December 2021
Welcome to the second edition of the SE4Ces European project newsletter.

A warm get-together although virtual – our SAC suggests and guides our course.

In November, almost eleven months into the SE4Ces project we had the second official meeting with the members of the Scientific Advisory Council. The Scientific Advisory Council is a group of renowned experts in the field of social economy assembled to support the consortium towards the project’s outcomes. Together we reflected on the project’s first steps.
The Advisory Council considered the work done thus far impressive, reflecting on the variety of contexts surrounding social economy and the diversity in interpretations across Europe. One take away is that we should build on this diversity, highlighting under-represented dimensions to draw balance. It is also true though that current definitions of the social economy are underlined by dominance of formalised institutional legal forms (cooperatives, social enterprises). Instead, or complementary to that, we should reflect more on existing variety, like community-based initiatives, informal structures, and practices of reciprocity that move away from formalised forms.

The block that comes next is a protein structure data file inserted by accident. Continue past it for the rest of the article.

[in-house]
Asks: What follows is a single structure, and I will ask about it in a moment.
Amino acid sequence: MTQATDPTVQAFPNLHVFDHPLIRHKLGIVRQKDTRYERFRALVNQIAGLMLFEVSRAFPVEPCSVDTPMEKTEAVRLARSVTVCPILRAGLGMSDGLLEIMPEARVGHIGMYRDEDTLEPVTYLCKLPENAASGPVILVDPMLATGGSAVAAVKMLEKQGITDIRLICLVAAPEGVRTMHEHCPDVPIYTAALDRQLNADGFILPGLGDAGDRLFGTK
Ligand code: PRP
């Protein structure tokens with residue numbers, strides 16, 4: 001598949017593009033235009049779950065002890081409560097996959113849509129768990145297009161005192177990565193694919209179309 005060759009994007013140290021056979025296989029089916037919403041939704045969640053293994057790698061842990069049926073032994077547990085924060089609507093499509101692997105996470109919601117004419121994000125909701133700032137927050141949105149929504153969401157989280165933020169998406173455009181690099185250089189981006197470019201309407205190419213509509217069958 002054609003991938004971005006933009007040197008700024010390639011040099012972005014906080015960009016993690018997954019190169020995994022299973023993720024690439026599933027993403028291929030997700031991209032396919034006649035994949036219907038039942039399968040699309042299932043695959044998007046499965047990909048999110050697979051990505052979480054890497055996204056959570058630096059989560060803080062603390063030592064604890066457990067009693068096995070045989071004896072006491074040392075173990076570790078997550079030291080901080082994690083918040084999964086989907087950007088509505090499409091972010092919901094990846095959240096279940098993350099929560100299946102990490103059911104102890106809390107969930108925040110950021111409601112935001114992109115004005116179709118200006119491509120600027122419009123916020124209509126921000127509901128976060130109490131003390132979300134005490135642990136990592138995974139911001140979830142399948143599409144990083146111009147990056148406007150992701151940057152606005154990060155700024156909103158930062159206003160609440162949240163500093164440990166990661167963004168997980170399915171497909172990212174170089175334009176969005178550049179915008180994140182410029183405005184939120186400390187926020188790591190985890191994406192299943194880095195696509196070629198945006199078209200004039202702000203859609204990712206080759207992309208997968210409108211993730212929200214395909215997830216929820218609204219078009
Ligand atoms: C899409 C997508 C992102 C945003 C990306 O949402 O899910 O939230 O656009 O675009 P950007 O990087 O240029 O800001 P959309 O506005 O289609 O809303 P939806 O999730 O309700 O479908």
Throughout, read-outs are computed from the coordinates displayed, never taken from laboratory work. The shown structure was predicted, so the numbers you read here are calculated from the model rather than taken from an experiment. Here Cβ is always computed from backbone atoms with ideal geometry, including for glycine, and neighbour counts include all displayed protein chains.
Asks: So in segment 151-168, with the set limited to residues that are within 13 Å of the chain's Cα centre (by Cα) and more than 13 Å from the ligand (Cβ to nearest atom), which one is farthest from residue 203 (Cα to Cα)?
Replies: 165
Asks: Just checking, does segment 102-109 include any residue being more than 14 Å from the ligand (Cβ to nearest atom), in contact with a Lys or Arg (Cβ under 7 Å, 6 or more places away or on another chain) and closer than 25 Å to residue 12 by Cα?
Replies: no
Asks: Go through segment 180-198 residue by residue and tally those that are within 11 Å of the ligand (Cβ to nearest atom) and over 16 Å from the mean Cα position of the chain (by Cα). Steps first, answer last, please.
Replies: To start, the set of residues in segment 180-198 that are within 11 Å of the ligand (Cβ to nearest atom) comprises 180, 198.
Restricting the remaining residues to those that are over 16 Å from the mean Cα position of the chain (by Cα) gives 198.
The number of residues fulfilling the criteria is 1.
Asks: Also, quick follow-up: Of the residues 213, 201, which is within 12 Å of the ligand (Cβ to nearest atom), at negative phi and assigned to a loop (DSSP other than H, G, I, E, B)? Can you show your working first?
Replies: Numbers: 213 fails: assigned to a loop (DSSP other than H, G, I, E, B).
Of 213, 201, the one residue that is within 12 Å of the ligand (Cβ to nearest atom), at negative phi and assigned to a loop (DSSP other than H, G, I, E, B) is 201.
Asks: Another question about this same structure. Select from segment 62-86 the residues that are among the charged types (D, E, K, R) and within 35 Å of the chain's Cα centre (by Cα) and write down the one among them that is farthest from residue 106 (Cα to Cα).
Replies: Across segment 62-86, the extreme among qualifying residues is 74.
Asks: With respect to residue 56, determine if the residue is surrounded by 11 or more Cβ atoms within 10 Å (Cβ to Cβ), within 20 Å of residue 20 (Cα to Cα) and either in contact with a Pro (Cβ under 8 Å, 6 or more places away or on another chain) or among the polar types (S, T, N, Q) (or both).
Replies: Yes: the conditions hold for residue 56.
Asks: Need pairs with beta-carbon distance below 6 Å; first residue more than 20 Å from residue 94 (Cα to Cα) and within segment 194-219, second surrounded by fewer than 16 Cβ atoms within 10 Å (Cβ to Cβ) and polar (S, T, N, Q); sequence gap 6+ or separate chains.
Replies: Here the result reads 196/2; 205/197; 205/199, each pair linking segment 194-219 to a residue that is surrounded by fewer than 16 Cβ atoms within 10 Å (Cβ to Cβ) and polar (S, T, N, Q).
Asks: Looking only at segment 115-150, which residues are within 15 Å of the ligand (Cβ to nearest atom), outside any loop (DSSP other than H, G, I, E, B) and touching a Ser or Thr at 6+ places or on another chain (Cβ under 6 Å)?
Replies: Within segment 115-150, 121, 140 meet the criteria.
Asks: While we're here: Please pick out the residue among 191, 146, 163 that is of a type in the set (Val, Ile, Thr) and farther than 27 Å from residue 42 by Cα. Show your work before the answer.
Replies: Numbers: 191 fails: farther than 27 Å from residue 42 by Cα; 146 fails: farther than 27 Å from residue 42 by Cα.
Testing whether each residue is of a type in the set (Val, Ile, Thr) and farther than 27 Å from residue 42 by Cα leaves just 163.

“We need to avoid being Euro-centric, expand to explore and address variety of other perspectives in social economy beyond the EU”